Once in the senior school, Polunin’s discipline began to dissolve. While still excelling in his studies, the rising start experimented with drugs. By 2009, he was the first soloist at the Royal Ballet; by 2010, he came principal dancer, the youngest ever in the company’s history. He also earned his title of “Bad Boy” at this time, using cocaine to heighten his adrenaline rush and tweeting about late night parties and tattoos. In an interview with Uinterview, Polunin talked about his experience of getting a tattoo, which was strictly forbidden by the Royal Ballet. “Oh you think I’m bad, I’m going to prove [to] you I’m the baddest [sic],” he recalled. “I always drew on myself, always knew I was going to have a tattoo, and tattoos represented freedom to me.” He was forced to cover his new tattoos with makeup. On January 24, 2012, after growing dissatisfaction with his career, Polunin stepped down from the principal position, telling BBC that he felt, “the artist in me was dying.” Looking back on the dancer’s decision, documentarian Steven Cantor offered his thoughts to the New York Times about Polunin’s motivations. “It became clear that he was dancing as hard as he could to get his family back together. Then his parents got divorced, and I think he felt, what am I dancing for? He just lost his will and went off the rails.” Polunin only recently allowed his mother to see his performances in person; he originally forbade her to do so.

SERGEI POLUNIN BIO: IGOR ZELENSKY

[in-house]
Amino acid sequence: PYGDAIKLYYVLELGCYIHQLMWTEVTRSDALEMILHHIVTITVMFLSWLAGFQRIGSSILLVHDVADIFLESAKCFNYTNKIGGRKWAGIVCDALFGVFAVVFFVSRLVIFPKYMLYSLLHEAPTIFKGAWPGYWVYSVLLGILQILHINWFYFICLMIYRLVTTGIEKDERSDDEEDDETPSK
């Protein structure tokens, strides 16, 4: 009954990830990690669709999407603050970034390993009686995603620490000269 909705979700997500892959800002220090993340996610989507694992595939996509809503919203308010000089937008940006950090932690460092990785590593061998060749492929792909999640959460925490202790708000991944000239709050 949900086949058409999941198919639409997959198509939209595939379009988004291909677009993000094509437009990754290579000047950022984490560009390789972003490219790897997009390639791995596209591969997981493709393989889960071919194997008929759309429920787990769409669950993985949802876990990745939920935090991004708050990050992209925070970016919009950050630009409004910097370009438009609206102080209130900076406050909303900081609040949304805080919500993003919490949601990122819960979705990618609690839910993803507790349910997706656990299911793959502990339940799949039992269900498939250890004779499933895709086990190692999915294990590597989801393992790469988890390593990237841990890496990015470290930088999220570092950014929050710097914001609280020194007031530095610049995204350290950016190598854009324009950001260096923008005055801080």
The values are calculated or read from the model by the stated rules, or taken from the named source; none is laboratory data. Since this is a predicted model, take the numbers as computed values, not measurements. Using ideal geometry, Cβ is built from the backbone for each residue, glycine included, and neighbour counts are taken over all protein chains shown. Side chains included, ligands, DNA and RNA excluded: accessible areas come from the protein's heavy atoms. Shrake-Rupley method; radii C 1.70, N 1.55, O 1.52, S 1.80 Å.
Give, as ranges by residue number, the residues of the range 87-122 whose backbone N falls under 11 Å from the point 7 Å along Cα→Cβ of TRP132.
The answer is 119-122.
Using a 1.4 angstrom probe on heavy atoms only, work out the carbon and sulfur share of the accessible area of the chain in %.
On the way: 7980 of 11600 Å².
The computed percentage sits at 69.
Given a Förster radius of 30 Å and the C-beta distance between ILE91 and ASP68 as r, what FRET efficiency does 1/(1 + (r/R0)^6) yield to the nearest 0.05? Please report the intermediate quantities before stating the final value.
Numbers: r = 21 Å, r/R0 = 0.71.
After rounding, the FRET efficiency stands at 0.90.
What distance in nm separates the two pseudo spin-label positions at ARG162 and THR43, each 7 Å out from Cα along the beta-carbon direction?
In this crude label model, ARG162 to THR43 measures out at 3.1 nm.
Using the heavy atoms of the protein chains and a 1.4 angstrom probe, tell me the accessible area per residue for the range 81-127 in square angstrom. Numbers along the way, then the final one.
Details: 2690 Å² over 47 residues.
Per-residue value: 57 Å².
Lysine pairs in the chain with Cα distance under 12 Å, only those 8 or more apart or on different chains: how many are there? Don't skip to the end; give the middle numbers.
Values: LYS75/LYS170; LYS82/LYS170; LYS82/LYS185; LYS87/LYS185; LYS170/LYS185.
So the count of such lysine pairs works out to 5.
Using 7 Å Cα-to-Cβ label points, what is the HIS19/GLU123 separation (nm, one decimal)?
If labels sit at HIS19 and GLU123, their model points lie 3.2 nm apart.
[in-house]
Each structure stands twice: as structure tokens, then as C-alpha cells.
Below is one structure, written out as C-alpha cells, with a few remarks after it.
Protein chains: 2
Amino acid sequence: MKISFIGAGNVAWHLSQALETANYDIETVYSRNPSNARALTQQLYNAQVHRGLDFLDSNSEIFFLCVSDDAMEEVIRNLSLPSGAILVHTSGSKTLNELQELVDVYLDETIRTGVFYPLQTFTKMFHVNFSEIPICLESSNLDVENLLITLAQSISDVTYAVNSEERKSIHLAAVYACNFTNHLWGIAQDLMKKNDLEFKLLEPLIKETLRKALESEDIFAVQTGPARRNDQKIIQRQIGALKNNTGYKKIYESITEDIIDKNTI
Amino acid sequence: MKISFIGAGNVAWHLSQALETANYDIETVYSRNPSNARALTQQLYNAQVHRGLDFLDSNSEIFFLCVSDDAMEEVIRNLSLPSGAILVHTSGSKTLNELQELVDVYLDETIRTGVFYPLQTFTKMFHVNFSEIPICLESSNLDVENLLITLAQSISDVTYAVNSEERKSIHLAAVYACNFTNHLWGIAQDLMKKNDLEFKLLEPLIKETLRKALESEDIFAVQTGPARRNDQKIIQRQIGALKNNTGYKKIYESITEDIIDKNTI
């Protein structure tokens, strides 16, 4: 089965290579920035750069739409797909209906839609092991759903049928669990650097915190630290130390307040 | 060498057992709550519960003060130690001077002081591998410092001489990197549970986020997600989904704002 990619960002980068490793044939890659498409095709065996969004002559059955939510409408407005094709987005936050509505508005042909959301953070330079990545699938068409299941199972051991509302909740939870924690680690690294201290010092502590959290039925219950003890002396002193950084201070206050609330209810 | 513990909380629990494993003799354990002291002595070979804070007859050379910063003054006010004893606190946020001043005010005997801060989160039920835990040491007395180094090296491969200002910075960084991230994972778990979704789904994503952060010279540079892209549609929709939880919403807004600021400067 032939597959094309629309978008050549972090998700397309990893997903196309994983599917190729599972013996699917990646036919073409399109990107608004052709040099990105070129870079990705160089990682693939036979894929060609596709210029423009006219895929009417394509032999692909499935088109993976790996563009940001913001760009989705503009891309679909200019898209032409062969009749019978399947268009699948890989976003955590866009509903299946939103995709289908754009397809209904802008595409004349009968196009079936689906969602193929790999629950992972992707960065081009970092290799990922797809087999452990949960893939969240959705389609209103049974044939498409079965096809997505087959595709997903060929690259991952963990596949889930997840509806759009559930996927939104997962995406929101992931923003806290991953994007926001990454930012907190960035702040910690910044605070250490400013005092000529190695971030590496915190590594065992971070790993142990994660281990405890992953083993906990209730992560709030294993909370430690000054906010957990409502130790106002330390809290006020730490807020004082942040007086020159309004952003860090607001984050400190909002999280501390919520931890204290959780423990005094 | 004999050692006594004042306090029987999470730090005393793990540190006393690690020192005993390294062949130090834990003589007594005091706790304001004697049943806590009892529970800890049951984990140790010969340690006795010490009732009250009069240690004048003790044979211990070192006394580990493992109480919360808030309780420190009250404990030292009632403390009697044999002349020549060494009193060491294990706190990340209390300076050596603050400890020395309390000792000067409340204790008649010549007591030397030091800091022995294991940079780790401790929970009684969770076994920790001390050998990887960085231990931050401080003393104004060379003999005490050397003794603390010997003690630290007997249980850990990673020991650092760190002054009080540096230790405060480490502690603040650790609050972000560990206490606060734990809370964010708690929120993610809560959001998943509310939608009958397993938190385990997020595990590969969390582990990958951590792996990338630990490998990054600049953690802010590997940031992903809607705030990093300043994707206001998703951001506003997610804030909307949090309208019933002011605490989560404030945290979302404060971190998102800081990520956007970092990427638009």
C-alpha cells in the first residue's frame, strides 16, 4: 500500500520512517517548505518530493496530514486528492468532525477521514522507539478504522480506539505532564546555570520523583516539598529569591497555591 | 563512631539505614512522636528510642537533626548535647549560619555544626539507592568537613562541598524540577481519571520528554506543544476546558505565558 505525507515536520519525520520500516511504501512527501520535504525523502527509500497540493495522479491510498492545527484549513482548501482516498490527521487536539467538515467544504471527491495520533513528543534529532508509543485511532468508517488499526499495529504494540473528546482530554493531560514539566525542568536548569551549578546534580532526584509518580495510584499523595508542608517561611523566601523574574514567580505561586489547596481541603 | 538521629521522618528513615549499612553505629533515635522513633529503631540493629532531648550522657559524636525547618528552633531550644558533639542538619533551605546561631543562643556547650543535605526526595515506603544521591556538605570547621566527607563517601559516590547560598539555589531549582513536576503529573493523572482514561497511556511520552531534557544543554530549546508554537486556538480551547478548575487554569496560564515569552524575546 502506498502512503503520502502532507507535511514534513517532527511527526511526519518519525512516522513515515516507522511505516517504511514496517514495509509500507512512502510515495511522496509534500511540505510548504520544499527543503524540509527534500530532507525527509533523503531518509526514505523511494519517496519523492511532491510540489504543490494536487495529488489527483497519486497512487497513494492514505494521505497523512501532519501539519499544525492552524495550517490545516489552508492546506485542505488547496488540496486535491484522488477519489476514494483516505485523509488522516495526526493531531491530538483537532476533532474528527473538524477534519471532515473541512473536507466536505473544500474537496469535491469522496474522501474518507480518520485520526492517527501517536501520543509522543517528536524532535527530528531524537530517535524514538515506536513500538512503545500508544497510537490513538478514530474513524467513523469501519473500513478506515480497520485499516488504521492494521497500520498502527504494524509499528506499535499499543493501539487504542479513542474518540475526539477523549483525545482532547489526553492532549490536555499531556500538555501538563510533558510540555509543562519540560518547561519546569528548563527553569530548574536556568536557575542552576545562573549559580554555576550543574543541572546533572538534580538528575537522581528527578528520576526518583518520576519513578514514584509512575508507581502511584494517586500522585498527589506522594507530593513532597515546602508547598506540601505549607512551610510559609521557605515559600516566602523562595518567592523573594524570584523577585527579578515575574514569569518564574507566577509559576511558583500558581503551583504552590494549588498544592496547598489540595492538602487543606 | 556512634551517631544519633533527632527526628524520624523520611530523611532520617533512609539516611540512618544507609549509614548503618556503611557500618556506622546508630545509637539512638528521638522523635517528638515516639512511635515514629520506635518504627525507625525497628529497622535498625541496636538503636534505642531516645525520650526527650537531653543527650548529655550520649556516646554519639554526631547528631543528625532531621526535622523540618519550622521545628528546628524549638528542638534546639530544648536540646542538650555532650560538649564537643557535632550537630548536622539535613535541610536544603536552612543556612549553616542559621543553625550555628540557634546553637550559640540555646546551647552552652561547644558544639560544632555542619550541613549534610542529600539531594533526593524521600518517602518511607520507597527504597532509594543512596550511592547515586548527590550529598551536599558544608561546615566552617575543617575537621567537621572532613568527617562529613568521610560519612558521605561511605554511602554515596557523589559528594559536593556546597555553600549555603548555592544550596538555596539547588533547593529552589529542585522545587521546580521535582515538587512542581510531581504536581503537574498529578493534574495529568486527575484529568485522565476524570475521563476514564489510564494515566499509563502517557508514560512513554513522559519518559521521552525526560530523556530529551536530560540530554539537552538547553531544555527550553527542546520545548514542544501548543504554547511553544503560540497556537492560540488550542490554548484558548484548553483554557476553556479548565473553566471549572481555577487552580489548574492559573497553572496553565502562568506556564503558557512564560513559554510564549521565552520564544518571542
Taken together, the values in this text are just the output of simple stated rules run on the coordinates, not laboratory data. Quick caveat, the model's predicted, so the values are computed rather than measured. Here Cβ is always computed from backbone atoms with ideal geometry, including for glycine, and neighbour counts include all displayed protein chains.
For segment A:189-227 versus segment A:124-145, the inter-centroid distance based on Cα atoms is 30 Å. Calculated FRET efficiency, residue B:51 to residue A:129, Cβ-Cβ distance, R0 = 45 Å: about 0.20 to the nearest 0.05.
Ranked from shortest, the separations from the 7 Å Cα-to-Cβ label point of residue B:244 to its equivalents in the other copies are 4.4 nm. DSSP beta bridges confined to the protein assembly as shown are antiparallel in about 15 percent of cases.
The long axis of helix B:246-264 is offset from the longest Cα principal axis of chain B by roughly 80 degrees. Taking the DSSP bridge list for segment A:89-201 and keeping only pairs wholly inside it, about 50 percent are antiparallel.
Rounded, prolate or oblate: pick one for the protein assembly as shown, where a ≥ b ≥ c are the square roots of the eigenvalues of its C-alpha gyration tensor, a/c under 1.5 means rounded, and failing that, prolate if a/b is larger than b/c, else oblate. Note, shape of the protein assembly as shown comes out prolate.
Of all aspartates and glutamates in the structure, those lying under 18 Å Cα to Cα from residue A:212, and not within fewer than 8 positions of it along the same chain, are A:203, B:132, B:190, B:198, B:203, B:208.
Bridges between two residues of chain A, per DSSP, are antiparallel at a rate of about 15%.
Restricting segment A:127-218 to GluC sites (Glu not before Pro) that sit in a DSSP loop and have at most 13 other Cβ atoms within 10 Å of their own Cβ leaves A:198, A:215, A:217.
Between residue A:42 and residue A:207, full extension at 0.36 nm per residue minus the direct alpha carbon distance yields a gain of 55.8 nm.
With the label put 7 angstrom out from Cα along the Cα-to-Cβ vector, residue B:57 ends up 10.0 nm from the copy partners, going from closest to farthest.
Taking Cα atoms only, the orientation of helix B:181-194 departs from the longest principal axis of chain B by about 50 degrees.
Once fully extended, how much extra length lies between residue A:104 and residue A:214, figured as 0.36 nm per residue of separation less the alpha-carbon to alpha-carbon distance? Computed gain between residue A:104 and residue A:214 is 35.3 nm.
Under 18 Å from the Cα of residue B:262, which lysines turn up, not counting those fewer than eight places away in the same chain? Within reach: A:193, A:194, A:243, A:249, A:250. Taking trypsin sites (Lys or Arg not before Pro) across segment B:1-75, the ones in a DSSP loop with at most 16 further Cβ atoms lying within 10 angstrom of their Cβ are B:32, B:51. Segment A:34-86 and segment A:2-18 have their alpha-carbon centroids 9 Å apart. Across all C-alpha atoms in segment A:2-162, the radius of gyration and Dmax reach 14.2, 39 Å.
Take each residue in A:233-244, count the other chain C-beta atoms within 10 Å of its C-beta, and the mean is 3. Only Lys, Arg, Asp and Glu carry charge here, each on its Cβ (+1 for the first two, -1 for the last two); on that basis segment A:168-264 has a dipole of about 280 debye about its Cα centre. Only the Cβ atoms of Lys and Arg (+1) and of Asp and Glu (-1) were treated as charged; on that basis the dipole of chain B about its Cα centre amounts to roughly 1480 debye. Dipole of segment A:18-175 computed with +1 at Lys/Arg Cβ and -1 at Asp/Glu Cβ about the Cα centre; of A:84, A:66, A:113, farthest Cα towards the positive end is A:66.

As a result of his bad reputation, Polunin had difficulty finding work with other companies. However, in the summer of 2012, he was invited to Russia by famous dancer Igor Zelensky, under whom he would train and become the principal dancer for The Stanislavsky Music Theatre and Novosibirsk State Academic Opera and Ballet Theatre. On Zelensky, Polunin has referred to him as a surrogate father. “Nobody would listen to me, there wasn’t any real conversation going on,” Polunin told Uinterview. “And that’s when Igor appeared.” Polunin reveres Zelensky so much that he has gone as far as to tattoo the name of the artistic director on his shoulder.

His time with Zelensky was not without controversy, however. In April 2013, after preparing for the principal dance role in director Peter Schaufuss’s Midnight Express, Polunin, along with Zelensky, quit days before opening night. Despite his superior also leaving the troubled production, many considered Polunin to be “depressed” again.

SERGEI POLUNIN BIO: HOZIER AND DANCER

Still frustrated at the seemingly dead-end to which his dance career had led him, Polunin encountered film producer Gabrielle Tana, who at the time had optioned Julie Kavanagh’s (the author behind his New Yorker profile) biography of Nureyev to be turned into a biopic. Polunin was not chosen for the role, but Tana pushed him to seek further collaborations in film. “I thought it was not just a compelling narrative but also the opportunity to capture someone brilliant in the prime of their career,” Ms. Tana said in an interview with The New York Times. “We didn’t really know what it would be, and Sergei was very wary at first. We were scared we would lose him.”

Tana suggested he work with American photographer and dance documentarian, David LaChapelle. Polunin ultimately decided to use the collaboration as his farewell performance to the dance world. LaChapelle suggested the then-relatively-unknown song “Take Me To Church,” by Hozier. Polunin would then fly down to shoot the music video in the empty chapel-like filmmaker’s studio in Hawaii. A longtime friend and fellow dancer, Jade Hale-Christofi, choreographed the piece. The music video would later become the centerpiece of large documentary work, Dancer, started in 2014 when Tana approached filmmaker Stephen Cantor. Dancer premiered in the Fall of 2016.

Following the worldwide success of Polunin’s Take Me To Church video, he has since decided to return to dancing. He continues to dance with Stanislavsky company and the Novosibirsk Ballet.

SERGEI POLUNIN BIO: PERSONAL LIFE